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Ex-Nintendo President becomes a board member for GameStop

GameStop is a company desperately in need of a boost. Revenue is down. The very industry it serves is changing in a way that could leave it behind. And several pivots haven't worked out in the retailer's favor. Who thinks of GameStop as the place they go to buy video game-related merch? Who doesn't just order that Pokemon t-shirt they want from Amazon?

Regardless, the once dominant game store is pressing on, and it appears it has at least one more trick up its sleeve. You might remember that Reggie Fils-Aime stepped down as Nintendo of America's president last year. He went on to become a professor of sorts at Cornell University, dropping all sorts of gems into his lectures. Fils-Aime will soon become a member of GameStop's board of directors, where he will help steer the company through the uncertain future that awaits.

The word is out, though, on whether Reggie will be all about kicking ass, taking names, and selling games.

"The gaming industry needs a healthy and vibrant @GameStop," Fils-Aime wrote on Twitter yesterday. "I look forward to being a part of @GameStopCorp board and helping to make this happen."

According to a press release from GameStop, Fils-Aime will serve on the "Nominating and Corporate Governance Committee." What will his responsibilities consist of in that committee? We're not quite sure. We do have to question, though, whether Fils-Aime's video game experience played any role whatsoever in his appointment to GameStop's board, or if he was just the most accomplished executive available to take the job.

Fils-Aime was not the only person added to GameStop's board. There were two others, in fact, touted for their "deep experience in retail, turnaround, consumer products, gaming and finance." The others were former Walmart CEO Bill Simon, and PetSmart CEO J.K. Symancyk. Perhaps GameStop is seeking advice on how to underpay its workers. Or maybe we'll see select stores shift toward video game-themed dog treats and cat toys. In any event, Fils-Aime won't be the only new guy in town when he joins the board April 20.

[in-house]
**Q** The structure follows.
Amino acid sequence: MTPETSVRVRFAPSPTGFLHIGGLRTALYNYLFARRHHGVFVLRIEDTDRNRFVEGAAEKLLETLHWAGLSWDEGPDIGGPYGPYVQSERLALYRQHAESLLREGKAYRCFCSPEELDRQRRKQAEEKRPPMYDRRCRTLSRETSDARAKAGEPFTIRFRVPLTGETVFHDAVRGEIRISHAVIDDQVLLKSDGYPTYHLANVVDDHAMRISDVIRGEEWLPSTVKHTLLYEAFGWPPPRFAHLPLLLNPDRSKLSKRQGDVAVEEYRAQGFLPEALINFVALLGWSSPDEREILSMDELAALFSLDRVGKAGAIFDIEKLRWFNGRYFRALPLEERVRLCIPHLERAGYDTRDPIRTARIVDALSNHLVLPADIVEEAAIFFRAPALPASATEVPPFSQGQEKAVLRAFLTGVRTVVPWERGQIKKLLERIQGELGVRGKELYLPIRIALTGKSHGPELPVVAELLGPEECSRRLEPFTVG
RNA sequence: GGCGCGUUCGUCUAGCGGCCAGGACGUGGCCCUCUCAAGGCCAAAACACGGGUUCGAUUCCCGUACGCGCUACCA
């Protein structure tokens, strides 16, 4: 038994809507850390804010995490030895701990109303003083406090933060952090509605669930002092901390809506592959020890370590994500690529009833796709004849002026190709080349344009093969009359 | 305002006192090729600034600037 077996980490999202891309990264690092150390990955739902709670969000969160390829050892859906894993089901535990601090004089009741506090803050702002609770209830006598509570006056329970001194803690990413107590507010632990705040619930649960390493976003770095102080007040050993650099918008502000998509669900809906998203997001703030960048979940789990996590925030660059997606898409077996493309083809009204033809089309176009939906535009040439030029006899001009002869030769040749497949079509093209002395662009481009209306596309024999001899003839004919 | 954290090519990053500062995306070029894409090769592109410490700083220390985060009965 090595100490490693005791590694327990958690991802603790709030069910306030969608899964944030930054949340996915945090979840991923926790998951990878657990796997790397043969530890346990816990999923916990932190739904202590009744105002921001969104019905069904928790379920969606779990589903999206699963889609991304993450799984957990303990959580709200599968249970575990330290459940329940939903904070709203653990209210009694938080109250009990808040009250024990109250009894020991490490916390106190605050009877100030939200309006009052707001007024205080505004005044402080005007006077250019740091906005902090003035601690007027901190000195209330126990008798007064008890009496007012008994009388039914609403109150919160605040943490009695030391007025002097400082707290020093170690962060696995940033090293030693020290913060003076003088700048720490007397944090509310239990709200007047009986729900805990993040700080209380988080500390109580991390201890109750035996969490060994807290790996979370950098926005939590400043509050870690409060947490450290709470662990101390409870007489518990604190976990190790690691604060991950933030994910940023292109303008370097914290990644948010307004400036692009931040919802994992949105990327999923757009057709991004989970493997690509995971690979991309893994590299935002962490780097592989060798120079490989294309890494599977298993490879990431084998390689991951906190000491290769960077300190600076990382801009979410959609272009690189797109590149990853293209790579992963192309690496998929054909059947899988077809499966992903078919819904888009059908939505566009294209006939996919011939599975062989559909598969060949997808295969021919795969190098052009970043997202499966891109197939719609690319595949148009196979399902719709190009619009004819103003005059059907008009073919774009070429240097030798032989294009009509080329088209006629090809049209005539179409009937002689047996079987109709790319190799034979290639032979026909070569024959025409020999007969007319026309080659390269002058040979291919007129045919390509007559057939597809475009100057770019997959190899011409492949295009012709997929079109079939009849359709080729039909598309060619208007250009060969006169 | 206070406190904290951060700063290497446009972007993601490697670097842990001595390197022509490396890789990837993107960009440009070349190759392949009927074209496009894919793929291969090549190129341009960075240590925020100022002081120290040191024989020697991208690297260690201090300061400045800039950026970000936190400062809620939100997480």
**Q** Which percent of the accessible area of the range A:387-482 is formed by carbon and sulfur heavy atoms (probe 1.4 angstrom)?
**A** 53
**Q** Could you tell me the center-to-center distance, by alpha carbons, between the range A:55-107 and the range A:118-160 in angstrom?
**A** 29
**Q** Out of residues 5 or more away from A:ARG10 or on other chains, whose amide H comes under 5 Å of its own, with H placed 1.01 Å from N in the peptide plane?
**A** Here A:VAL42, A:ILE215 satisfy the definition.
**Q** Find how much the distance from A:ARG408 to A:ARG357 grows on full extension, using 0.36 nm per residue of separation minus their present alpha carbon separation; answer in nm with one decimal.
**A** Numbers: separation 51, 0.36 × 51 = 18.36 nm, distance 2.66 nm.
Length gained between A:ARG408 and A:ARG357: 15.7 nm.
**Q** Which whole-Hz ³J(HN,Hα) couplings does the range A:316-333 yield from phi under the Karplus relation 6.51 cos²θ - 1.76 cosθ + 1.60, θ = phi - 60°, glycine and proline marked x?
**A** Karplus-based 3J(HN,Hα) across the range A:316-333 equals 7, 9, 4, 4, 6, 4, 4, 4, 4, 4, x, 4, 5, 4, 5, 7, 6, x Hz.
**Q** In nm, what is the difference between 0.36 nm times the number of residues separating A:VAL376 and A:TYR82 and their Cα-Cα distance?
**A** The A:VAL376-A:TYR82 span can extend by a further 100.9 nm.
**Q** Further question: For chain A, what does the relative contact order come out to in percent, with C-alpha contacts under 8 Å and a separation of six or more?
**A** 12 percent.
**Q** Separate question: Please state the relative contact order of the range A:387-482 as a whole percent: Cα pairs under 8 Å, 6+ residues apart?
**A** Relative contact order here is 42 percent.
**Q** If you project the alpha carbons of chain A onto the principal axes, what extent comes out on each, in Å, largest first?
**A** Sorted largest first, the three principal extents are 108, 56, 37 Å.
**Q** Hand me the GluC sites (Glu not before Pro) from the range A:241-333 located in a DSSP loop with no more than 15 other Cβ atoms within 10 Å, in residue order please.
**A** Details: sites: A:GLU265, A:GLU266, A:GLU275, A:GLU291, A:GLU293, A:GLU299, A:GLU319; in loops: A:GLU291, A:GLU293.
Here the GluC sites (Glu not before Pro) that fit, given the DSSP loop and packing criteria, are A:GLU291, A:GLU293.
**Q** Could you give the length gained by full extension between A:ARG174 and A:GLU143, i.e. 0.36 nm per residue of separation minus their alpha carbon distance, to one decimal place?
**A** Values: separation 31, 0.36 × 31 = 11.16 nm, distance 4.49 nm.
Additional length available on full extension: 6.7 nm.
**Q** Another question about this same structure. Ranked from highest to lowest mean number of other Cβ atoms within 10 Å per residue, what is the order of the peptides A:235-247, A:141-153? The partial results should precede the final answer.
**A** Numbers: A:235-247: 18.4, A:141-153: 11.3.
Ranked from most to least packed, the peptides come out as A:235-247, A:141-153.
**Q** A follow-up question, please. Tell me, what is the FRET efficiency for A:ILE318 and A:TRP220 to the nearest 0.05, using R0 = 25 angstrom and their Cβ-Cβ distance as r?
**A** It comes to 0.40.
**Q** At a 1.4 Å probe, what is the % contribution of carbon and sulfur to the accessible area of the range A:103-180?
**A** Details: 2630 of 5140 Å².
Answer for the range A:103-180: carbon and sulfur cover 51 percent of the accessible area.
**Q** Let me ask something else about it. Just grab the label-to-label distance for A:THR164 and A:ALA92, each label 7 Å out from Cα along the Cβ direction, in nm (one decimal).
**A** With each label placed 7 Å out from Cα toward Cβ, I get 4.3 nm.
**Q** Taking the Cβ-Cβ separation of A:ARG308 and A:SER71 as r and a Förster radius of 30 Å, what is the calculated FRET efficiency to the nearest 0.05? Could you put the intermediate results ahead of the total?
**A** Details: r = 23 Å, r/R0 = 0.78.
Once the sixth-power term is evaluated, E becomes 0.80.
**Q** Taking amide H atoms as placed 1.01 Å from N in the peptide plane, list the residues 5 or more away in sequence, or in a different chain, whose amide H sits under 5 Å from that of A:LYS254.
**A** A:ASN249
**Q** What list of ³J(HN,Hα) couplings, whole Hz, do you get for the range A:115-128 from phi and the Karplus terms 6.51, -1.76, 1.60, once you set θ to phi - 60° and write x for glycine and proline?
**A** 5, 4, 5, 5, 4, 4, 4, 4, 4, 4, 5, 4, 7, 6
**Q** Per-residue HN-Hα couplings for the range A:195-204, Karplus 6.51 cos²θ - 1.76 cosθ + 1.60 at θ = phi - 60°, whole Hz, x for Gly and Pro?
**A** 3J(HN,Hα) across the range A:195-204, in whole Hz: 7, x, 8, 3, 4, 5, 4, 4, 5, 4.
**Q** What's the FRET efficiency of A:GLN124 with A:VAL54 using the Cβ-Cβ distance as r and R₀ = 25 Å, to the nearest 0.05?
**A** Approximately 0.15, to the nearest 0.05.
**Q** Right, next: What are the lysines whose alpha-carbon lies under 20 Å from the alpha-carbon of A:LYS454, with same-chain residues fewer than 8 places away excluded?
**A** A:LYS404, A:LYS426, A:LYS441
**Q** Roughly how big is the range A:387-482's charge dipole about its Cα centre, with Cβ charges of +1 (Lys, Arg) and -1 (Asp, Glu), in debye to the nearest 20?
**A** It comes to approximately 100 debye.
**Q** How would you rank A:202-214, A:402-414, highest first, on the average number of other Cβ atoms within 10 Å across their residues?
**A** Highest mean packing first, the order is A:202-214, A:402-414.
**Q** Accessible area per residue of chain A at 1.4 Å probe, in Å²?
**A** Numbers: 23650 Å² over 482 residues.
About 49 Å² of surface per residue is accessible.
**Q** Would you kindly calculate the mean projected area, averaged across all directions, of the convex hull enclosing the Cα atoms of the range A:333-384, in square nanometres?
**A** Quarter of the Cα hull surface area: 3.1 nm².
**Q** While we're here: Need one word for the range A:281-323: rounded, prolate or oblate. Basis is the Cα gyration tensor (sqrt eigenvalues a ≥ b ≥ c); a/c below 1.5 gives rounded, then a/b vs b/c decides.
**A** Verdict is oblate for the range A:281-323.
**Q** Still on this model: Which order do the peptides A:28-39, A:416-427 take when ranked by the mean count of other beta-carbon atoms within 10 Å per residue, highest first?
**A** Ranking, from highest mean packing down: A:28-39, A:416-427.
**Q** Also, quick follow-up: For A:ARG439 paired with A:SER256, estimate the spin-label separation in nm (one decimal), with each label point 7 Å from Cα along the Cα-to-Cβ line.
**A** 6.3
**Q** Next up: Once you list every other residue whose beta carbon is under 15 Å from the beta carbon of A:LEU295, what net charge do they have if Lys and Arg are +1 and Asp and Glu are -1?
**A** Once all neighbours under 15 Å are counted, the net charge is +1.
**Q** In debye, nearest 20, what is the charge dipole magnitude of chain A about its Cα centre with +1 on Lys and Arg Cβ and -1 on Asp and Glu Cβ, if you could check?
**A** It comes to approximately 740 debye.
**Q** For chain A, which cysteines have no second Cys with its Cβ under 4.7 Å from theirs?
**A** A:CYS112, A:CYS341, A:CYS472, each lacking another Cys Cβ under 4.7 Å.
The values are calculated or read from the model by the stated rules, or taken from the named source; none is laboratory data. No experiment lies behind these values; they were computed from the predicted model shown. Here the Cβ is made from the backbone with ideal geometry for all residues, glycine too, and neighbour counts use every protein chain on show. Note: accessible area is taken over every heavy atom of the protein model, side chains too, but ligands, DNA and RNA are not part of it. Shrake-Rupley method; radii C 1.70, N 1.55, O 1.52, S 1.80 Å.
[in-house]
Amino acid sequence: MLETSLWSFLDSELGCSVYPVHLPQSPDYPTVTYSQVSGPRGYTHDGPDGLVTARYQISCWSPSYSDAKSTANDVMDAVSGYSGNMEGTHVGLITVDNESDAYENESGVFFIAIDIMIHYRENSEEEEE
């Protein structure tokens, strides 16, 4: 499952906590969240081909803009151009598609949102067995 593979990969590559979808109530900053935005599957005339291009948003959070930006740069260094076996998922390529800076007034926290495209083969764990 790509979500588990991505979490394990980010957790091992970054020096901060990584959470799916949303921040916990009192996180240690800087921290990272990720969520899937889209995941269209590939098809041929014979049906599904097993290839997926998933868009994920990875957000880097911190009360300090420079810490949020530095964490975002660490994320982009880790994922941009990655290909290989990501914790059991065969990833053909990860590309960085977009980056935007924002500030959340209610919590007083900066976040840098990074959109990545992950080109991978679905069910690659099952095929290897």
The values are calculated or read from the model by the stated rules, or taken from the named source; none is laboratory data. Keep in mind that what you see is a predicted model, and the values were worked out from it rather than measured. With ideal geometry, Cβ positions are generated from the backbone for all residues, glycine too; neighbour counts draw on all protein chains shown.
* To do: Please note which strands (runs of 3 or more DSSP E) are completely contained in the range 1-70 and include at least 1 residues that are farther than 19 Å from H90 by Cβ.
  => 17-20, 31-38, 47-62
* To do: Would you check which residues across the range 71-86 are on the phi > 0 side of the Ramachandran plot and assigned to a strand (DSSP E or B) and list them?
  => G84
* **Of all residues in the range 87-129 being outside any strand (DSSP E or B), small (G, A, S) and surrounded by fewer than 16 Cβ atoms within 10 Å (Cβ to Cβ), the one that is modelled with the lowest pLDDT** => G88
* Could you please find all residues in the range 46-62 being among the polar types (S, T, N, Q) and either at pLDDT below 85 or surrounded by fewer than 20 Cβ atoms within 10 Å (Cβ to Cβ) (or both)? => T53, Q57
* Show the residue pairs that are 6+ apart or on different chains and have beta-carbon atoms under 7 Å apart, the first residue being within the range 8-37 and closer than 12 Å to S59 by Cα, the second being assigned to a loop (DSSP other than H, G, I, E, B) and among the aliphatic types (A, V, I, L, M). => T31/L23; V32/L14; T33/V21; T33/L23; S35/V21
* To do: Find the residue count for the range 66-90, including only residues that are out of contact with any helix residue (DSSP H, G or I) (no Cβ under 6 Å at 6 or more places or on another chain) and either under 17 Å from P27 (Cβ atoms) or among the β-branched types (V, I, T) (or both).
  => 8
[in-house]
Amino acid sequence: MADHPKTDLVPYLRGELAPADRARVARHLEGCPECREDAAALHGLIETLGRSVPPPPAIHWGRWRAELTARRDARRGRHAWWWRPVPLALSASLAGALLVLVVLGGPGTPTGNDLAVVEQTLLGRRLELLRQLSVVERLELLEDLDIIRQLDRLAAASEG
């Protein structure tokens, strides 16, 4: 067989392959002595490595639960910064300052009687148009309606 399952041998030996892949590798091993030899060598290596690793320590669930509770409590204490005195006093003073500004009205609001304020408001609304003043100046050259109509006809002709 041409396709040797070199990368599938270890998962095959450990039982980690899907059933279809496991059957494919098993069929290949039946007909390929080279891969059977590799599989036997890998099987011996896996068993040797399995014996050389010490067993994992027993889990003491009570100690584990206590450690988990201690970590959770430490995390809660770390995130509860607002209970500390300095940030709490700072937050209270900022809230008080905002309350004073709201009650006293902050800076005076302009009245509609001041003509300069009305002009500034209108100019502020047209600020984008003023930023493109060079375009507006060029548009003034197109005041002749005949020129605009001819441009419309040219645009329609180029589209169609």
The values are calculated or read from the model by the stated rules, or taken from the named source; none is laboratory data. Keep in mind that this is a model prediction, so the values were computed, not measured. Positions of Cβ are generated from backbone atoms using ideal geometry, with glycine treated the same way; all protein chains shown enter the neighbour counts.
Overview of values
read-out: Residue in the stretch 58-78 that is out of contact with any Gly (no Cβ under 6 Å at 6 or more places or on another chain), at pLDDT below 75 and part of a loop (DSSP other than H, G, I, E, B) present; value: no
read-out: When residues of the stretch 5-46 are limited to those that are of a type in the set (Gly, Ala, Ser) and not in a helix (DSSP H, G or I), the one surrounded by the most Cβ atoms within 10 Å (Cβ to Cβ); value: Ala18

So why is GameStop in trouble, exactly? And what can be done to improve the company's situation? Those are the questions Fils-Aime and his new pals on the board will be tasked with answering.

To start, the retail games business isn't what it used to be. All three of the major console companies have robust digital storefronts now, which means players can pre-order or purchase the titles they want without leaving the couch. Less people are coming to GameStop's retail locations to buy games. So not only is GameStop missing out on the sale of new and used titles, it's also missing out of chances to upsell customers on other goods and services.

On the topic of used games, digital distribution means these simply do not exist for some buyers anymore. If you buy Luigi's Mansion 3 directly from the Nintendo eShop, for example, there is no way for you to sell that game to someone else. GameStop can't obtain that license from you for a little bit of cash. The store is cut out of the process entirely, eliminating another reason you might have paid the retailer a visit.

And with all other game-related products, GameStop is simply getting dunked on in terms of price. There is way too much competition online now for GameStop to survive on its insane markup. Used games that are a few months old are only being discounted by $5 most of the time. Head over to Amazon dot com, however, and you'll probably find a new version of that same game for a much cheaper price. That makes the decision of where to buy very easy for consumers.

We wish Reggie and his fellow board newbies the best of luck, because saving GameStop looks like it'll take a Herculean effort. We're sure at least one of them will bring some great ideas to the table, though. It was Fils-Aime, you might recall, who pushed for the Nintendo Wii to include a free copy of Wii Sports — a move that ultimately benefited the console in a big way. And Fils-Aime is truly one of gaming's good guys, as evidenced by his post-retirement commitment to teaching others, and his ever-present sense of humor on Twitter.

"Don't believe everything on Wikipedia," Fils-Aime wrote last month after a photo was shared of him posing with some students (including one rather tall man). "Real height is 6' 2.5". I was 6'3", but shrunk with the burden of all the Mother 3 questions."

We'll have more for you on GameStop and Fils-Aime's contributions to the board as news breaks.